Potassium monoxide is rarely formed and is a pale yellow solid. I don't understand how is this compound coloured because in oxide anion electron cannot excite in the next orbital due to huge energy difference. Also there are no empty molecular orbitals like there are in peroxide and superoxide anion. The colour cannot come from $\ce{K+}$ cation because electron cannot be excited. So how is this compound coloured?

  • $\begingroup$ What's potassium "monoxide", $\ce{K2O}$? (Just double-checking) $\endgroup$ Mar 26, 2017 at 12:03
  • $\begingroup$ Yes it is K2O (potassium monoxide). You can also search it on the internet. $\endgroup$ Mar 26, 2017 at 13:03
  • 3
    $\begingroup$ Yes, well, it's more commonly known simply as potassium oxide. $\endgroup$ Mar 26, 2017 at 13:05
  • $\begingroup$ Not just potassium. Heavier alkali metals form colored oxides too. So how are all the heavier alkali metal oxides colored? $\endgroup$ Mar 26, 2017 at 20:20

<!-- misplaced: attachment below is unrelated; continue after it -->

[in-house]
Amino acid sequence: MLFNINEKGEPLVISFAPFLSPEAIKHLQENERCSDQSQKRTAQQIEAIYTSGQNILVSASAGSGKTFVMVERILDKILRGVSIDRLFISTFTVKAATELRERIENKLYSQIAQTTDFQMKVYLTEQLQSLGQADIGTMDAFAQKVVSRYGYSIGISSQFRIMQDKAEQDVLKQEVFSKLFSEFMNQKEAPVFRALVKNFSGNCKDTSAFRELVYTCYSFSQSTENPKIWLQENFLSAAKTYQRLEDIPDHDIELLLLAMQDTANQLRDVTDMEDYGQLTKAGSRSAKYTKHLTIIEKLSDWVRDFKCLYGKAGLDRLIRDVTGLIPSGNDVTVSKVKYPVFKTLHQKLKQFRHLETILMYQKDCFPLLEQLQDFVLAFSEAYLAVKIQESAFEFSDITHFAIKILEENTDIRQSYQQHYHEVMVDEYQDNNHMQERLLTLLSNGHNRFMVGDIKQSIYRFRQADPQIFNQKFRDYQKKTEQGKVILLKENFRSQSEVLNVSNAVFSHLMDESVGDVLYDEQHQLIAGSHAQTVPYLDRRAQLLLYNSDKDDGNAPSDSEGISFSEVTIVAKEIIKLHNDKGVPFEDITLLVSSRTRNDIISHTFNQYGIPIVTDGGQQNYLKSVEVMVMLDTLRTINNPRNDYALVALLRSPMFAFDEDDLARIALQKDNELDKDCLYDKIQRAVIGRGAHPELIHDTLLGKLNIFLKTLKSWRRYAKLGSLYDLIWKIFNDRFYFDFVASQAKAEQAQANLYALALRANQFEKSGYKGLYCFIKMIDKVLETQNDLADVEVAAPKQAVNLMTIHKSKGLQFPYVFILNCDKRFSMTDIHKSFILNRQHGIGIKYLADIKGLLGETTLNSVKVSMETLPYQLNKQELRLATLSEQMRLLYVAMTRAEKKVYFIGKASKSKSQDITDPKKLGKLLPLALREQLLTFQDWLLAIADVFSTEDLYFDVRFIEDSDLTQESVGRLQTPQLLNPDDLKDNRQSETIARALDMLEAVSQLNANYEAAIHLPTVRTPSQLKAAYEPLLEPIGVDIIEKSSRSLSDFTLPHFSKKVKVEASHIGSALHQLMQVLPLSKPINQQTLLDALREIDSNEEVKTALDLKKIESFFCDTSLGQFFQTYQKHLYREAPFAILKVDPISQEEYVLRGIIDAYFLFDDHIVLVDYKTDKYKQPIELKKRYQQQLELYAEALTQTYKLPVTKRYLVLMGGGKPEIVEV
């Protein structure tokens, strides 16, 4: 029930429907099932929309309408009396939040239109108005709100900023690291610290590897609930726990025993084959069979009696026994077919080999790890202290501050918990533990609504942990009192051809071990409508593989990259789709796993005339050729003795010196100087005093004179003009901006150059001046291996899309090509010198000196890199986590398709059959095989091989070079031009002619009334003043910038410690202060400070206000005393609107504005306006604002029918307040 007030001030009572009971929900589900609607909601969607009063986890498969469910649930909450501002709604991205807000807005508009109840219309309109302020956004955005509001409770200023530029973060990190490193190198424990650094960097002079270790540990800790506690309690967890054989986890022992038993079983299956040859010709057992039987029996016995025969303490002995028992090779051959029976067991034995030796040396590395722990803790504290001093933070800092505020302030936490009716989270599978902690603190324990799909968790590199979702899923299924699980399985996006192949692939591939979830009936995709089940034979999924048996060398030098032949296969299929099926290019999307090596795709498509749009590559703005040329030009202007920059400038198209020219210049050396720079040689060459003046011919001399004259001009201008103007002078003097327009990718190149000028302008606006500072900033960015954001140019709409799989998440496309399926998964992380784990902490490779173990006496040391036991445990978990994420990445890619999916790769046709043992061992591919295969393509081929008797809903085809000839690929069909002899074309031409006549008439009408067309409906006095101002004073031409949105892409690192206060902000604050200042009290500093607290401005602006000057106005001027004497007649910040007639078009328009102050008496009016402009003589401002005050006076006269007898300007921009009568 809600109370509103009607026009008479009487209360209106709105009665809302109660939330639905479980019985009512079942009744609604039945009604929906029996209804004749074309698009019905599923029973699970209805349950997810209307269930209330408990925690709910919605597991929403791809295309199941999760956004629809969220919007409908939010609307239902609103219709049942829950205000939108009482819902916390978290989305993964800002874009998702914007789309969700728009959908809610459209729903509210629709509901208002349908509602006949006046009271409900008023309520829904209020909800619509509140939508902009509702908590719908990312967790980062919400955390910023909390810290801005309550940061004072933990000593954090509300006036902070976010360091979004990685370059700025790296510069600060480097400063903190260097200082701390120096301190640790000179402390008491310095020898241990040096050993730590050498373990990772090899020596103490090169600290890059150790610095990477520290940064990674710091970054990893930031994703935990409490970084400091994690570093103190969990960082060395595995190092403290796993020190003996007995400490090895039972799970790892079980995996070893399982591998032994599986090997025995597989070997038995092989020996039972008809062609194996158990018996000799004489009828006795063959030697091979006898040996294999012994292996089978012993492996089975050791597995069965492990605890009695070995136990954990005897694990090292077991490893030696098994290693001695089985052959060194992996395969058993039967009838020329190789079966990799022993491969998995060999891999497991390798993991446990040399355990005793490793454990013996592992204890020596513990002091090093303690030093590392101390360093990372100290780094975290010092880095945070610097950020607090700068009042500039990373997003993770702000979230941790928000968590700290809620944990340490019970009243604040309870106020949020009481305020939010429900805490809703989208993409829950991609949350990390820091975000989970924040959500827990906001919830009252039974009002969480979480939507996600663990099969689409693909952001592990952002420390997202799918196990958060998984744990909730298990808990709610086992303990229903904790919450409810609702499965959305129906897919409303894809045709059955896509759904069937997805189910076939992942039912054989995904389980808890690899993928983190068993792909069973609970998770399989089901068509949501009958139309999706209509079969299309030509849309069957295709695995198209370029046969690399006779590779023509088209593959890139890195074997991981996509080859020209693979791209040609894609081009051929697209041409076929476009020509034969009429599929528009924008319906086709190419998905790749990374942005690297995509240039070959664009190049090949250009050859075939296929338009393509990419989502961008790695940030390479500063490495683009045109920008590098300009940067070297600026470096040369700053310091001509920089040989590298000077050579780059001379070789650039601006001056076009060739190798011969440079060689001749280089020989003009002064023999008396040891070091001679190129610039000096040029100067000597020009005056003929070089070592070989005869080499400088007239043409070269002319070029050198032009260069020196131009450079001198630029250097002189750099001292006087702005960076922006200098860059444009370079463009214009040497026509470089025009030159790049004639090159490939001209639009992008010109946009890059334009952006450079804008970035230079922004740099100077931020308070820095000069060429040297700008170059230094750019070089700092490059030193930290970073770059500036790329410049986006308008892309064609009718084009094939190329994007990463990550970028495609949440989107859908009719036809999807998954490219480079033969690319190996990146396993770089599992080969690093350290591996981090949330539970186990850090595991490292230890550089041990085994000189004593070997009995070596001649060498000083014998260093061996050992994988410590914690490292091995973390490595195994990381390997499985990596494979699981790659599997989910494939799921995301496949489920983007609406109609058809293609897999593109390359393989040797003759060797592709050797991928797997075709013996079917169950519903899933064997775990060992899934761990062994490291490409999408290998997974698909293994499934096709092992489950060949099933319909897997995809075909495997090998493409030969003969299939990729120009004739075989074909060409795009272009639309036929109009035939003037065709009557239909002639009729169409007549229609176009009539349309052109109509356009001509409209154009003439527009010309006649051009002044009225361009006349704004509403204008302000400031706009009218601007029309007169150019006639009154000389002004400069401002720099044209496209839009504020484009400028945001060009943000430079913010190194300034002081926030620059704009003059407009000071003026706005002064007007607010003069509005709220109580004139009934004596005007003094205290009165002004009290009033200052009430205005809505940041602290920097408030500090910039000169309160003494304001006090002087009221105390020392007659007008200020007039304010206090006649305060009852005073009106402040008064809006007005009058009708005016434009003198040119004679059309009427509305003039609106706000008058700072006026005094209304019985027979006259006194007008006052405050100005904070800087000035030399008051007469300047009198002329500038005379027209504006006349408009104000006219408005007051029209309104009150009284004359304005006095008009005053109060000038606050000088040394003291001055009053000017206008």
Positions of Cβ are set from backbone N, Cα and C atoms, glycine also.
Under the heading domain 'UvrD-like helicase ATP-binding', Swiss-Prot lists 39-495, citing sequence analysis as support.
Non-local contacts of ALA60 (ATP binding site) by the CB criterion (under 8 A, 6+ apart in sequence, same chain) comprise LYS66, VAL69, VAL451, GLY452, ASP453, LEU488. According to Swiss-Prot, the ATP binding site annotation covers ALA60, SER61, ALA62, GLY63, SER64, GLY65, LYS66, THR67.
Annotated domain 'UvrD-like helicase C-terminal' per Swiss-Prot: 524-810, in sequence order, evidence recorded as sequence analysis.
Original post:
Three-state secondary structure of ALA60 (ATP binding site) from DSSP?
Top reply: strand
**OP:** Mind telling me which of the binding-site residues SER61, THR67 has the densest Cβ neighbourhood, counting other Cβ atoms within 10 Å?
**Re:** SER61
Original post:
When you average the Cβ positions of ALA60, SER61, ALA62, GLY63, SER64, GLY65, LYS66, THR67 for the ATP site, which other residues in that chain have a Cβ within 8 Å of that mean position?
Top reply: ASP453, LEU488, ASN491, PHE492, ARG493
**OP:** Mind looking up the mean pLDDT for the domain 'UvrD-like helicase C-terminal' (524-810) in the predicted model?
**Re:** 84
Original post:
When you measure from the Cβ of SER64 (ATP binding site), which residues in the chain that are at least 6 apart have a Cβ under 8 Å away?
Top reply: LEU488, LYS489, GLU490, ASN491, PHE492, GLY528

1 Answer 1


Probably as good an explanation as any can be found here.


Basically, the electronic structure of an ionic compound like potassium oxide has "valence bands", which are based primarily on the anions (oxide ions), and empty "conduction bands" based on the cations (potassium ions). Typically, to excite electrons from the valence band to the conduction band you need to absorb ultraviolet photons and thus you get no color. But potassium oxide has just a small enough energy gap between valence and conduction bands to allow some electrons to be excited with violet light. That absorption gives the yellow color.

If we go further down the alkali metal oxides the band gap gets smaller, and more visible light with longer blue/green wavelengths may be absorbed. Then the color becomes stronger and more reddish.

  • $\begingroup$ I was thinking that the answer is related to the molecular orbitals in the lattice. Thank you so much for the answer! $\endgroup$ Mar 27, 2017 at 3:37
  • $\begingroup$ Hmm, but why does it decrease? May it be due to presence of traces of suboxides? $\endgroup$
    – Mithoron
    Apr 9, 2017 at 19:03
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    $\begingroup$ Heavier, more electropositive alkali metals impart more negative charge to oxygen, raising the valence band energy. $\endgroup$ Apr 9, 2017 at 20:29

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